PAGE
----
An Indian historian, S. B. Singh, emphasising the year 1783, suggests that notable India agency houses took a decade from 1773 to aggregate capital enabling them to become the Indian merchant bankers they became, as the East India Company slowly began to stem the drain of silver to India and turn it to British benefit. ([14]) Thus, the "Canton Treasury" linked disparate Indian ports with London and China, and via the Company at home, with London's short and long-term money markets. This was not achieved of course without the parliamentary influence of "Nabobs" who had returned their fortunes and themselves to England before 1773, who would have known what a boon an institution such as the Canton Treasury could have represented.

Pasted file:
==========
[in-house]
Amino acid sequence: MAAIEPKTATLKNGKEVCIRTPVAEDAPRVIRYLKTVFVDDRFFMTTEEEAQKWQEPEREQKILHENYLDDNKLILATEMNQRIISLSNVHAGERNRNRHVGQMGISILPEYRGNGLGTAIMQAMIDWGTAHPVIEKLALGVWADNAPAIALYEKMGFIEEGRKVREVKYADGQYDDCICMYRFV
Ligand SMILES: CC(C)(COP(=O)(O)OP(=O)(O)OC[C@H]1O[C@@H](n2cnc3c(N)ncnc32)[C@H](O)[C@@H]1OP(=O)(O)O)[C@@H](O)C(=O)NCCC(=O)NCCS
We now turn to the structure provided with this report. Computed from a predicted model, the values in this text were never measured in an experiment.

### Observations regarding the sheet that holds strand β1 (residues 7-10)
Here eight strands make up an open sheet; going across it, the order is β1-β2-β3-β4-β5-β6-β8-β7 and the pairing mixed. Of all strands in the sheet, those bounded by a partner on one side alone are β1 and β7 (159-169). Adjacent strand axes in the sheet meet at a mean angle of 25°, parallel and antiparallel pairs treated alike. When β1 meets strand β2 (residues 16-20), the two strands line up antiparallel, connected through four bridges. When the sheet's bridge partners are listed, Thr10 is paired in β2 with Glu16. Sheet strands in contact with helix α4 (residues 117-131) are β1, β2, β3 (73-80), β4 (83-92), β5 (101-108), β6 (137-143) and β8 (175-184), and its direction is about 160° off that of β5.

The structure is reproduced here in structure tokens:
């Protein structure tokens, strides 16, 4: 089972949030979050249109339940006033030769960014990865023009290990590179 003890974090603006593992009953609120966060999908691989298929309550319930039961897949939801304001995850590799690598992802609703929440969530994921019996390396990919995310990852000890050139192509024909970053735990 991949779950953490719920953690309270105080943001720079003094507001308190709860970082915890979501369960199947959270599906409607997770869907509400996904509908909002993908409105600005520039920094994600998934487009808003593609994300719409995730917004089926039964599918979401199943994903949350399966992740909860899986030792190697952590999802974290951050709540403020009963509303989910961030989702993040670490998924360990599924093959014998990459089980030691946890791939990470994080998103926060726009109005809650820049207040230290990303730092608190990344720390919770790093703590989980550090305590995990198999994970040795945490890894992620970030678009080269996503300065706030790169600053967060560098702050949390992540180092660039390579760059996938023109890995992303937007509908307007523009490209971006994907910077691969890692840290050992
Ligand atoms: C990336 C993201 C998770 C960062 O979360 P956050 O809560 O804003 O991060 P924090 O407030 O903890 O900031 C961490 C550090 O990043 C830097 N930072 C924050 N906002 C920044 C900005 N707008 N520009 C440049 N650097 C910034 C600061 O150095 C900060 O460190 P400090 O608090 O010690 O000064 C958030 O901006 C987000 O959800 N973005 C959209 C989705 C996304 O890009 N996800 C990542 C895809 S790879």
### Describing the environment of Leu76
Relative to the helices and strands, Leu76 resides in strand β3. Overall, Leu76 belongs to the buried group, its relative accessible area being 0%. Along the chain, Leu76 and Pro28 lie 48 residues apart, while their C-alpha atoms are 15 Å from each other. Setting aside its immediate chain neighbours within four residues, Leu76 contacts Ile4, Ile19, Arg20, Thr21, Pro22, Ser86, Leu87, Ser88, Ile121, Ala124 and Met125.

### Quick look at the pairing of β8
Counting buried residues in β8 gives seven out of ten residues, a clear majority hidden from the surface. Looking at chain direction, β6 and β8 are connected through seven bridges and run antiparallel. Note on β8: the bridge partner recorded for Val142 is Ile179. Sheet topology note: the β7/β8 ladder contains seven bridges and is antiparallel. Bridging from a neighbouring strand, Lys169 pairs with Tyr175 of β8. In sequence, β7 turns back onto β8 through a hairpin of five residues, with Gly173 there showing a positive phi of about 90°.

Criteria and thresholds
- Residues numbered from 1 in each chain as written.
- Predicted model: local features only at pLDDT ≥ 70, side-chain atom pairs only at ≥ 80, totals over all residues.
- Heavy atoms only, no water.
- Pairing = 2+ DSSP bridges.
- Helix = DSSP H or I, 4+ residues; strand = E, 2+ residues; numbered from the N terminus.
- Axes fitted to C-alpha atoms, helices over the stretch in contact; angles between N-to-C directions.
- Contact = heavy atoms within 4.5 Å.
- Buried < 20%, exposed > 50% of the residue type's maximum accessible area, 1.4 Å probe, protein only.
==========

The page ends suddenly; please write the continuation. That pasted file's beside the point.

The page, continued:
The year 1773, then, proposes watersheds other than the Boston Tea Party. Given the operations of British merchants, 1773 presented watersheds also for India and China. As well as for silver dealers from various European nations who kept an eye on Spanish dollars from Manila as well as the East India Company's "first bank at Canton". Offloading excess inventories of tea was not the only problem the Company had in 1773.


The Boston Tea Party revisited:

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In 1773, the whaling investor Rotch may have been linked to the following merchants involved in tea deals which became victim of the Boston Tea Party, but it is unclear whether these names were Americans or Londoners: James Hall, Hugh Williamson, John D. Whitworth. These all finally contacted the Privy Council. ([15])